You are making the mistake of thinking that health cover here is not tied to your residenza - it is. You may well have an Italian wife, but my claim is based on my being Italian (although brought up in London mostly), with all my family being Italian as well - so let's not play the "I'm more Italian than you" game. Your comune will interpret the private health insurance issue in it's own way when you apply for residenza, which no amount of arguing the point will change, so don't play the beligerant, "I'm European/British" card or you may well come a cropper. When you get your Tessera Sanitaria you can register with a GP of your choice if his "list" is open. This is the open door to the Italian state health card system. If you have no residenza, you have no health cover other than as I said above. Is it really so difficult to understand? It's simple and logical.

Sorry Beeryspice but I am afraid this "The 5 year permanent residency has nothing to do with health care - only your residenza entitlements." is not correct. It is only once you have your "attestazione di soggiorno permanente" after living here for 5 years (not residency for 5 years - subtle difference) that you are entitled to equal treatment as an Italian within the SSN. Until then, there are various different levels of cover depending upon whether you are in receipt of the state pension in the UK or have paid NI contributions in the UK for the 2 years before you moved here. The law changed in 2007 unfortunately. I can point you to lots of documents explaining it all in great detail in the Marche Healthcare group.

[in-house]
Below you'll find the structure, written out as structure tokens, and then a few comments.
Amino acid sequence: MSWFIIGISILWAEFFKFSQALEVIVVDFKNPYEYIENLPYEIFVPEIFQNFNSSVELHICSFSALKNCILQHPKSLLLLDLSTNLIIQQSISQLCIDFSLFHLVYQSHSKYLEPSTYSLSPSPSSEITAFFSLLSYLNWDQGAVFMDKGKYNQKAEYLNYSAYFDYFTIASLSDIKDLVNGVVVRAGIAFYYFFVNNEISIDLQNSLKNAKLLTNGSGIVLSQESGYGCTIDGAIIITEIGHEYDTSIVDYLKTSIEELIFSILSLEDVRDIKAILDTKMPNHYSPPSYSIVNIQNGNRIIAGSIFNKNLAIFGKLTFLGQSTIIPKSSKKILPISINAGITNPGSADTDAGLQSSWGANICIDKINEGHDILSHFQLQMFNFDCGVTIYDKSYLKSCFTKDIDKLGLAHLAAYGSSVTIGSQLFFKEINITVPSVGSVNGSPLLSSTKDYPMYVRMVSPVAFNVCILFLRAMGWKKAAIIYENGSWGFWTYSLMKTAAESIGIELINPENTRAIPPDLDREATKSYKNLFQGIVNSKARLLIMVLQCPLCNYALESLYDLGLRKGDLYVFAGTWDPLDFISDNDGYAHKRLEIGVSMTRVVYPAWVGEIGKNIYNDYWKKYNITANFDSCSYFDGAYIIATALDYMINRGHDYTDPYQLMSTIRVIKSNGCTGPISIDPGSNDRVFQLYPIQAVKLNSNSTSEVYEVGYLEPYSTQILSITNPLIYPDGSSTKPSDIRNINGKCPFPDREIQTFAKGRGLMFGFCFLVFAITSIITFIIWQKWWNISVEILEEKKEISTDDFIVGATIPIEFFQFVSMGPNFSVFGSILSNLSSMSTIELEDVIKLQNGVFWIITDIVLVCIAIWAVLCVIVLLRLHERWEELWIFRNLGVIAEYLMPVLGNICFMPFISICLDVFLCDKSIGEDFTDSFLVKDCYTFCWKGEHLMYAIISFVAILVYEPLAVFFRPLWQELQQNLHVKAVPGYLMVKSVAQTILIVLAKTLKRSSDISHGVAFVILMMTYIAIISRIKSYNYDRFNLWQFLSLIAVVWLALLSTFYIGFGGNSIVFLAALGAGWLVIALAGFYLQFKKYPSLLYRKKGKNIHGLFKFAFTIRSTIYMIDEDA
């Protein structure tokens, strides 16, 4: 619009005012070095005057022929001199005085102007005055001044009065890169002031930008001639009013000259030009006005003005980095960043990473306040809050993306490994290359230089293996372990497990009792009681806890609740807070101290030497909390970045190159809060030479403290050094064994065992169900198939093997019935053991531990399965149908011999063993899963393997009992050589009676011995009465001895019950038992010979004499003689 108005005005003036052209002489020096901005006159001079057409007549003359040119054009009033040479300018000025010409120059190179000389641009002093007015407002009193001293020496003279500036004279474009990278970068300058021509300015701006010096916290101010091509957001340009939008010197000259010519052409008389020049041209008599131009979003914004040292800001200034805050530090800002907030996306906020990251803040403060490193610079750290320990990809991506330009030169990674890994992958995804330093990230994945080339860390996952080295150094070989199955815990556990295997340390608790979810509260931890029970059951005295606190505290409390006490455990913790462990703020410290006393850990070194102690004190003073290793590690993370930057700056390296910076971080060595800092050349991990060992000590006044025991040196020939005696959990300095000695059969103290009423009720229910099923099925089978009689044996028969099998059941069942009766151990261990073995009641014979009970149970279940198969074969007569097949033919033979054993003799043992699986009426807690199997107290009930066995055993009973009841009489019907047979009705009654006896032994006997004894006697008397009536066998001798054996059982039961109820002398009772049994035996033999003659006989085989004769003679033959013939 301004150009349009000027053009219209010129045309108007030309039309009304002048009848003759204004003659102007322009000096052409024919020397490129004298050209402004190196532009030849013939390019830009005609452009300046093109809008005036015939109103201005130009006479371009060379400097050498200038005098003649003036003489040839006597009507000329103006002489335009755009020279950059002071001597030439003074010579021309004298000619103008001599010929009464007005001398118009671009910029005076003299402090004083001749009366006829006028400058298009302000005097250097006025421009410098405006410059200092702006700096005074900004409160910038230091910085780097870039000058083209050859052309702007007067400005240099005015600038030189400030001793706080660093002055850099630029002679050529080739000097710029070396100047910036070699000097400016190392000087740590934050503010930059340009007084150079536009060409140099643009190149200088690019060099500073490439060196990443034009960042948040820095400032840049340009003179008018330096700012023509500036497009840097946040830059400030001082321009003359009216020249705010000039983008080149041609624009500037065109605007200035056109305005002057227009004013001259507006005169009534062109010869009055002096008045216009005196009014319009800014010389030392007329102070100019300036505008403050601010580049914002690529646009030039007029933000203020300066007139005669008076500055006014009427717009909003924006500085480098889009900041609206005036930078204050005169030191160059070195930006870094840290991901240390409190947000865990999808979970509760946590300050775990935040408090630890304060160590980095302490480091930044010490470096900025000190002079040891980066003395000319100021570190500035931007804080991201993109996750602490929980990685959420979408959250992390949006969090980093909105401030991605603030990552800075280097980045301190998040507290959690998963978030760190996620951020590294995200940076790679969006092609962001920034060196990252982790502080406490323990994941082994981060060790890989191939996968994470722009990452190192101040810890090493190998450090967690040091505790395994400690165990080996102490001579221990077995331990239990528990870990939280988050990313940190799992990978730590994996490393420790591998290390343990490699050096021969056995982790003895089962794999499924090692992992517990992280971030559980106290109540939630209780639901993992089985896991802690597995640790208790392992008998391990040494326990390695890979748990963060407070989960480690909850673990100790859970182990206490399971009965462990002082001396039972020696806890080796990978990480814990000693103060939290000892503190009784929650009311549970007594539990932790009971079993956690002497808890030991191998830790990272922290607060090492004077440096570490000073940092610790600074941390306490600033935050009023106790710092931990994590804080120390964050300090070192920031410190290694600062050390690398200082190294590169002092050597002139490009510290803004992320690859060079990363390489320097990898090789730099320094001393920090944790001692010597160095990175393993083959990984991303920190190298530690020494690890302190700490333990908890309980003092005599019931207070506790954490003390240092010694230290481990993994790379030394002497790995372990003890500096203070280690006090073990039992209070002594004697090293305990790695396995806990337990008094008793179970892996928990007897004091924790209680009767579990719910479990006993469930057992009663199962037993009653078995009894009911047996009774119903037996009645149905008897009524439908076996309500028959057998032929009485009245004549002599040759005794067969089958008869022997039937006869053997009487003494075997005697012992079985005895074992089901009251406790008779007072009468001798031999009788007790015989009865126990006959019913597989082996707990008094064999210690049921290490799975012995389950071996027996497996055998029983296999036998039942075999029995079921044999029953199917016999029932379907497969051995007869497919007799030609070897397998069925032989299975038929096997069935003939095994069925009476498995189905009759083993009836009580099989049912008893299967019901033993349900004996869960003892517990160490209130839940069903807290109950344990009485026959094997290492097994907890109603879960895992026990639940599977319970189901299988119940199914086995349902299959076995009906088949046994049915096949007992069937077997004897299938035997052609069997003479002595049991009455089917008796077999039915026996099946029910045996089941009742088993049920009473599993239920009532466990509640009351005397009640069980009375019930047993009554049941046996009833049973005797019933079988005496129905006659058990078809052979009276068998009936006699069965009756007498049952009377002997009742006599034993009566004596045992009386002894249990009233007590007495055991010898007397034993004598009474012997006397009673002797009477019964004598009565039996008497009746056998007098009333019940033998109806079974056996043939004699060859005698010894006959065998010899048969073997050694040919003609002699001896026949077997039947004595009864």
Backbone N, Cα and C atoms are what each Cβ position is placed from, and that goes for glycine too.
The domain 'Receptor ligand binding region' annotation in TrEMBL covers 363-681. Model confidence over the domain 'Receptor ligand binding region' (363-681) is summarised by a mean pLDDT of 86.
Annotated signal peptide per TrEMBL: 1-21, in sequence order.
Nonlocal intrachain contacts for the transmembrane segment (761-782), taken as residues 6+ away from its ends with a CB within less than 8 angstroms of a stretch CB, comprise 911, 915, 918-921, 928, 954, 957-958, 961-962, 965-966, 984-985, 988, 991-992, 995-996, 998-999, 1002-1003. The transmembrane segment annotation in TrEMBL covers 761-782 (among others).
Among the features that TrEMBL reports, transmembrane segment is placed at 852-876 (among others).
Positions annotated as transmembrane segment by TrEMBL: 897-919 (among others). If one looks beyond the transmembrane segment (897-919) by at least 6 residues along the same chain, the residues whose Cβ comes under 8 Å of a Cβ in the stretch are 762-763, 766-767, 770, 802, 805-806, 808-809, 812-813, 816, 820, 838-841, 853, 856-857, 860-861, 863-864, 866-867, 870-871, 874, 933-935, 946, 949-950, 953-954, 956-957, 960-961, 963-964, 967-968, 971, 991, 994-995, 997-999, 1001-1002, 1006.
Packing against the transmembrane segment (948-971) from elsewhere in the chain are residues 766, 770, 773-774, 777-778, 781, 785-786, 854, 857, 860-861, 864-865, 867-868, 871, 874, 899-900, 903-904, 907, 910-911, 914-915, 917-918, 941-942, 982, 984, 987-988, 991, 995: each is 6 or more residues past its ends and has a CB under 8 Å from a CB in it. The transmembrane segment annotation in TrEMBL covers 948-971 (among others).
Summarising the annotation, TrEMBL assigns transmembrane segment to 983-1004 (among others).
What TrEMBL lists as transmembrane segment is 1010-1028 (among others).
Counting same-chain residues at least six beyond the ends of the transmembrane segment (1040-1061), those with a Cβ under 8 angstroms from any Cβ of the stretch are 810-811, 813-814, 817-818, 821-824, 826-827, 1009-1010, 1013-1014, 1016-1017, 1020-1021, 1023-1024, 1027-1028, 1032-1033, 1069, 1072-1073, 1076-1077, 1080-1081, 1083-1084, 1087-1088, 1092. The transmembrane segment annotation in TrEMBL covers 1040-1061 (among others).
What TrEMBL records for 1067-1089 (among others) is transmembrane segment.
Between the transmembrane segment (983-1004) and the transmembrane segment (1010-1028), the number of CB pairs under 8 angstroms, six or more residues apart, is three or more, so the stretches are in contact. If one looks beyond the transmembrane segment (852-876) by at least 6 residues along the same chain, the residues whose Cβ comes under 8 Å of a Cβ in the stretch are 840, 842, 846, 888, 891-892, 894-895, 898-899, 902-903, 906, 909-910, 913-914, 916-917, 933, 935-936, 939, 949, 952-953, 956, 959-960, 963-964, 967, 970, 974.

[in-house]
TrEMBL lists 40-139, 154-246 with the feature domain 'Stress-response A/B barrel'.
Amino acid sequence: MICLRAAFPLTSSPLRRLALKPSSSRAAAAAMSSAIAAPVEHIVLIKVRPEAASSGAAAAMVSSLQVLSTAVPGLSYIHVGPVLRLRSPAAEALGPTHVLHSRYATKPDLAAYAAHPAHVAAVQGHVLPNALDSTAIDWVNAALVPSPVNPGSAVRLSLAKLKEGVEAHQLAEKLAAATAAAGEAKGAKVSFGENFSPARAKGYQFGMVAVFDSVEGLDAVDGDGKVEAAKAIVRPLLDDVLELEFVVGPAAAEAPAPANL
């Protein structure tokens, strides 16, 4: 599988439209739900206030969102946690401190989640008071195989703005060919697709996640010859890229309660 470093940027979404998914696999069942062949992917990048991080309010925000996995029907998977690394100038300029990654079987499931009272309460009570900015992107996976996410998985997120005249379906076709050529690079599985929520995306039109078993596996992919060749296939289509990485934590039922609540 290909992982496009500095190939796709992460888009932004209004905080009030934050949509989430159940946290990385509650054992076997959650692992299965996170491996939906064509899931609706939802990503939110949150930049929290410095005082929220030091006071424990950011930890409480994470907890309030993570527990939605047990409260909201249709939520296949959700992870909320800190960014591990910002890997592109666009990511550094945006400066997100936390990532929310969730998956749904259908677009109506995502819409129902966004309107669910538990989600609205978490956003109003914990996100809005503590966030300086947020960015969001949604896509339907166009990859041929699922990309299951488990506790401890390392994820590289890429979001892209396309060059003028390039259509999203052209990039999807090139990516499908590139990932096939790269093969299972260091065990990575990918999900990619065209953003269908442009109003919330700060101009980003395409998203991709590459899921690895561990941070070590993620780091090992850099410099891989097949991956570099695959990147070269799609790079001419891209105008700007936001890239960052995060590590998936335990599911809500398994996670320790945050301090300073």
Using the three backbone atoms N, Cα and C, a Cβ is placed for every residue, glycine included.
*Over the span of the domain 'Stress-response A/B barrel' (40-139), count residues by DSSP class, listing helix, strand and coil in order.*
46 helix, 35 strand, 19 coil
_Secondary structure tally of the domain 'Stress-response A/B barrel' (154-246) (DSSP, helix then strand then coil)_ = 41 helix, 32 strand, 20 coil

It's all getting a bit fraught....  My two penn'orth is as follows, which is largely in line with Beeryspice, but with one important exception..... It has everything to do with residence, but whereas until your permanent residence is established you have to prove every year to the ASL that you have teh right to healthcare - showing income, insurance and/or INPS payments, after the 5 year limit that requirement is dropped and you are treated equally to an italian so dont have to jump through the 'residence' hoops from that point on.  Before the 5 years is up you must show that you have the prerequisites for residency, even though you will already have residency. How each comune, province and region interpret this is of course wildly different. Health care in Italy is not entirely free at the point of delivery.  You will pay for prescriptions, blood tests and scans etc, unless you are exempt - pensioner, registered disabled, or have an income below 7000 euros a year and produce the requisite form.  Emergency care is always free.  To have a doctor and be registered at teh ASL you must have residency.  Whether you get residency with your EHIC card, or private health insurance is again down to whether your comune reads the official circulars from the Ministry.   As to the 'my NHS is better than your NHS' argument - grow up all of you.   There are good hospitals and bad hospitals - the systems are virtually the same, the practise is wildly different.  Being ill and in need of hospital care in a metropolis of 10 million people is completey different from going down the local hospital in a town of 50,000 - whether its better or worse is down to the hospital in question, but lets stop the broad brush approach.. it helps nobody.